ASIC brings 1st court action alleging ‘greenwashing’
The corporate regulator is commencing civil penalty proceedings against alleged greenwashing conduct, involving the supposed making of misleading statements and engagement in conduct that could mislead the public about sustainability.
The Australian Securities and Investments Commission (ASIC) has launched proceedings in the Federal Court of Australia against Mercer Superannuation (Australia) Limited for allegedly making misleading statements about the sustainable nature and characteristics of some of its superannuation investment options.
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The corporate regulator is alleging that Mercer made statements on its website about seven “Sustainable Plus” investment options offered by the Mercer Super Trust (of which Mercer is the trustee), marketing such options as suitable for members who “are deeply committed to sustainability” because they excluded investments in companies involved in carbon-intensive fossil fuels, alcohol production and gambling, ASIC said.
However, the regulator alleged in a statement, members who took up the Sustainable Plus options had investments in companies involved in industries Mercer’s website had said were excluded, such as 15 companies involved in the extraction or sale of carbon-intensive fossil fuels, 15 companies involved in the production of alcohol, and 19 companies involved in gambling.
As listed by ASIC, these companies included: AGL Energy Ltd, BHP Group Ltd, Heineken Holding NV, Treasury Wine Estates Ltd, Crown Resorts Limited, and Tabcorp Holdings Limited.
In doing so, the regulator submitted, “Mercer made false and misleading statements and engaged in conduct that could mislead the public”.
The news follows a recent interview with Greenpeace Australia general counsel Katrina Bullock, who noted that “gone are the days where greenwashing will go unchecked”.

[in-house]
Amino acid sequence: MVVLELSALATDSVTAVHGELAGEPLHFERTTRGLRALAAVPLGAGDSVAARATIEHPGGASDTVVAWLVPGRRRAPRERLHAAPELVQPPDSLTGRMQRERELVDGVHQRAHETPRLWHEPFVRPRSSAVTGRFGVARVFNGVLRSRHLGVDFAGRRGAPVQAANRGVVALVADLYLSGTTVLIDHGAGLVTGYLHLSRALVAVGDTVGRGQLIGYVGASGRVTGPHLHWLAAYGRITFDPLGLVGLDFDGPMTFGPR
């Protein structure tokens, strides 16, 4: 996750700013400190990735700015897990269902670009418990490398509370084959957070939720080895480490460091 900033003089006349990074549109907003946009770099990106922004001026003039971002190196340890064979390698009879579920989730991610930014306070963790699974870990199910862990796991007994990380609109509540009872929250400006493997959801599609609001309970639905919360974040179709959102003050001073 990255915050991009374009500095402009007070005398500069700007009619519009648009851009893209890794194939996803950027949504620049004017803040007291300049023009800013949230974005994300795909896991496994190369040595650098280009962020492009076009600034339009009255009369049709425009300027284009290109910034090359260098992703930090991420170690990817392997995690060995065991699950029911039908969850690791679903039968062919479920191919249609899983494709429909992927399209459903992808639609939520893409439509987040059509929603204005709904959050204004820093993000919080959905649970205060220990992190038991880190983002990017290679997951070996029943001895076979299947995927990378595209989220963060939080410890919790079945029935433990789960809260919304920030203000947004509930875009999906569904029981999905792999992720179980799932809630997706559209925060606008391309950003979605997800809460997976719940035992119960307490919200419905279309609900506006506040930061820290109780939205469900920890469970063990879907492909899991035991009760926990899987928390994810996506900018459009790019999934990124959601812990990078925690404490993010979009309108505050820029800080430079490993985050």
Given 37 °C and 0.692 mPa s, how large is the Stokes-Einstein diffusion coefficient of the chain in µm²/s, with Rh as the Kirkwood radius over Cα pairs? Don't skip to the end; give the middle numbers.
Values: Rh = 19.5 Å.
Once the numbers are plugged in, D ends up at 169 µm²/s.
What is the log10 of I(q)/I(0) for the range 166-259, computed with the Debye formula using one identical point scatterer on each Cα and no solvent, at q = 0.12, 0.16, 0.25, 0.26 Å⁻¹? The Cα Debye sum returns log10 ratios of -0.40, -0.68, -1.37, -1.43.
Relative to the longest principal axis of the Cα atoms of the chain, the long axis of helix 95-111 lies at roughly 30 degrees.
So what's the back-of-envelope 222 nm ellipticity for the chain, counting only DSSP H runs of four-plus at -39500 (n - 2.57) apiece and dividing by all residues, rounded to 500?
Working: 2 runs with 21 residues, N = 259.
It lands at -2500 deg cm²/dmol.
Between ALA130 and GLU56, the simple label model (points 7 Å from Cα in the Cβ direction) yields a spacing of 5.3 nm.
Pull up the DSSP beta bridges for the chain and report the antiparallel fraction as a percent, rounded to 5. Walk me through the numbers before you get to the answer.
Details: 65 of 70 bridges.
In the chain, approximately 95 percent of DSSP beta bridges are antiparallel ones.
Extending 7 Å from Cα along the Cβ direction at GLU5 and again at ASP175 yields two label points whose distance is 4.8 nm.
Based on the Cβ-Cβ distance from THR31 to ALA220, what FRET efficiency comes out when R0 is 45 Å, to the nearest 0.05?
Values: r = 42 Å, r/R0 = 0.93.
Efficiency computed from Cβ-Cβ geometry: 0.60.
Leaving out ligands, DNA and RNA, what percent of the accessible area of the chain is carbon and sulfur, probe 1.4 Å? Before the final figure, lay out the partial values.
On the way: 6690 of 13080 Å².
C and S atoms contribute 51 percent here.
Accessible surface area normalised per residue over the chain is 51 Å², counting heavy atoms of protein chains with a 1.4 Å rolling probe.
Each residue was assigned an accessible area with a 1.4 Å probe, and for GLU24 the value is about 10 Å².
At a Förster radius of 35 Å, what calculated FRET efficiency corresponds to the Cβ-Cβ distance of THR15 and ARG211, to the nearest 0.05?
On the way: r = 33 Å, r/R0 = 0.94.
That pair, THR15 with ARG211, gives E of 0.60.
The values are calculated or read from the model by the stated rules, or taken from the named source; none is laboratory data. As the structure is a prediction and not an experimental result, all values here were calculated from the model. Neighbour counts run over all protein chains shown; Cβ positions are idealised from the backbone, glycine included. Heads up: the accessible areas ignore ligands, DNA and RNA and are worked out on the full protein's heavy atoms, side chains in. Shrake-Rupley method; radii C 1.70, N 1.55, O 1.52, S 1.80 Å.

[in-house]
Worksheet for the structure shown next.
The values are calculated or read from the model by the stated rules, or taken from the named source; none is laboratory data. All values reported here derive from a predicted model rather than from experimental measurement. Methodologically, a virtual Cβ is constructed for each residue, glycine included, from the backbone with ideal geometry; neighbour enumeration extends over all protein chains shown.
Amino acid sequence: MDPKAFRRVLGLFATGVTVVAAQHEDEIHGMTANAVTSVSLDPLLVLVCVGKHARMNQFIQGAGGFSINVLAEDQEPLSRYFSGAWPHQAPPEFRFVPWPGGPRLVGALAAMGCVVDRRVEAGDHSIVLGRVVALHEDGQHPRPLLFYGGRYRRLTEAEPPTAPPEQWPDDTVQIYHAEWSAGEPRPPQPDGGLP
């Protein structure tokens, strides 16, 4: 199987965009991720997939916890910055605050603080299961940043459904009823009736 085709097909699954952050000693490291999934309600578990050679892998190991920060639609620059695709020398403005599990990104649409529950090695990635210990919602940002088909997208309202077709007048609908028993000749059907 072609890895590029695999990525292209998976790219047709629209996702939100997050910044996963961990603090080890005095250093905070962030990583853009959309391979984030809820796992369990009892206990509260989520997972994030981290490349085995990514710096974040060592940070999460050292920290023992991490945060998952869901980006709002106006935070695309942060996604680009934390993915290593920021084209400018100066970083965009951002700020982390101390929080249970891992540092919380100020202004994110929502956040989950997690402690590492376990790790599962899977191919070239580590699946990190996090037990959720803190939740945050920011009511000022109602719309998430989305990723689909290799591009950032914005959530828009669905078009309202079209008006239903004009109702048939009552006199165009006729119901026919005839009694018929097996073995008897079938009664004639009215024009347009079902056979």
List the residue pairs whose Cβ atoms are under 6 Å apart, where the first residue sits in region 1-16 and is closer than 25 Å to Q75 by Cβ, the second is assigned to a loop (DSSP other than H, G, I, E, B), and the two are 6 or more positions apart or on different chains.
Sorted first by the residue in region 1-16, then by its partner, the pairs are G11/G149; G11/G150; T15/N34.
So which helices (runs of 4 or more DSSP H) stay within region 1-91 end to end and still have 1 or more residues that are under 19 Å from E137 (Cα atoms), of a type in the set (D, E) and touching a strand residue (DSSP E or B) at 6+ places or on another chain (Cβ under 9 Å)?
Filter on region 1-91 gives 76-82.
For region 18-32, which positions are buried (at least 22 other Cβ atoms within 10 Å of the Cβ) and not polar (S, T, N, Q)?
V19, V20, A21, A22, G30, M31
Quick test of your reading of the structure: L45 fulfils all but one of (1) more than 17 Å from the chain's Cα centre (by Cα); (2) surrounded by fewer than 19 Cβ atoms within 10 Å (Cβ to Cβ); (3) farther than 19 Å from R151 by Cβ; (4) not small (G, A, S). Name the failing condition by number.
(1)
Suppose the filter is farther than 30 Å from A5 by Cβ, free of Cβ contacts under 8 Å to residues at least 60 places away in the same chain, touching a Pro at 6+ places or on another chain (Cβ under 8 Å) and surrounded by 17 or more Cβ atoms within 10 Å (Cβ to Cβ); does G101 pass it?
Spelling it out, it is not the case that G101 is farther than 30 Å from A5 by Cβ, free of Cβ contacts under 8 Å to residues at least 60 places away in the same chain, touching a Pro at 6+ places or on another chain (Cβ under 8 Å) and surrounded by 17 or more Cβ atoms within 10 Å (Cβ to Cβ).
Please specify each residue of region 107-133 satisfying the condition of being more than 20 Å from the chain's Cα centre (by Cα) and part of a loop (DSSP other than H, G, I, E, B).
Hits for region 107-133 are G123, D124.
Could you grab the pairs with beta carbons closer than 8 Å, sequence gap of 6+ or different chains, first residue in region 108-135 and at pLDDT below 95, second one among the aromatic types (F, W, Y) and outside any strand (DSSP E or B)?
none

Lawyers Weekly has also recently published commentary detailing how lawyers can respond to regulatory crackdowns on greenwashing and advise clients in the face of increased accountability for ESG.
The regulator is seeking declarations and pecuniary penalties from the Federal Court, as well as injunctions preventing Mercer from continuing to make any of the alleged misleading statements on its website, and orders requiring Mercer to publicise any contraventions found by the court.
In addition to being the first greenwashing proceedings brought by the regulator, the launching of these proceedings is also the first time that ASIC has brought court action following the Financial Services Royal Commission-inspired legislative amendments, which bolstered the regulator’s capacity to take action regarding a broader range of superannuation trustee conduct.
Speaking about the proceedings, ASIC deputy chair Sarah Court said the bringing of these first proceedings against alleged greenwashing reflects the regulator’s “continuing efforts to ensure sustainability-related claims made by financial institutions are accurate”.
“There is increased demand for sustainability-related financial products, and with that comes the growing risk of misleading marketing and greenwashing. If financial products make sustainable investment claims to investors and potential investors, they need to reflect the true position,” she said.
“If investments in certain industries like fossil fuels are said to be excluded, this promise must be upheld.”
ASIC has previously issued over $140,000 in infringement notices in response to concerns about alleged greenwashing, including against Tlou Energy Limited, Vanguard Investments Australia, Diversa Trustees Limited, and Black Mountain Energy.
The court has yet to schedule a date for the first case management hearing.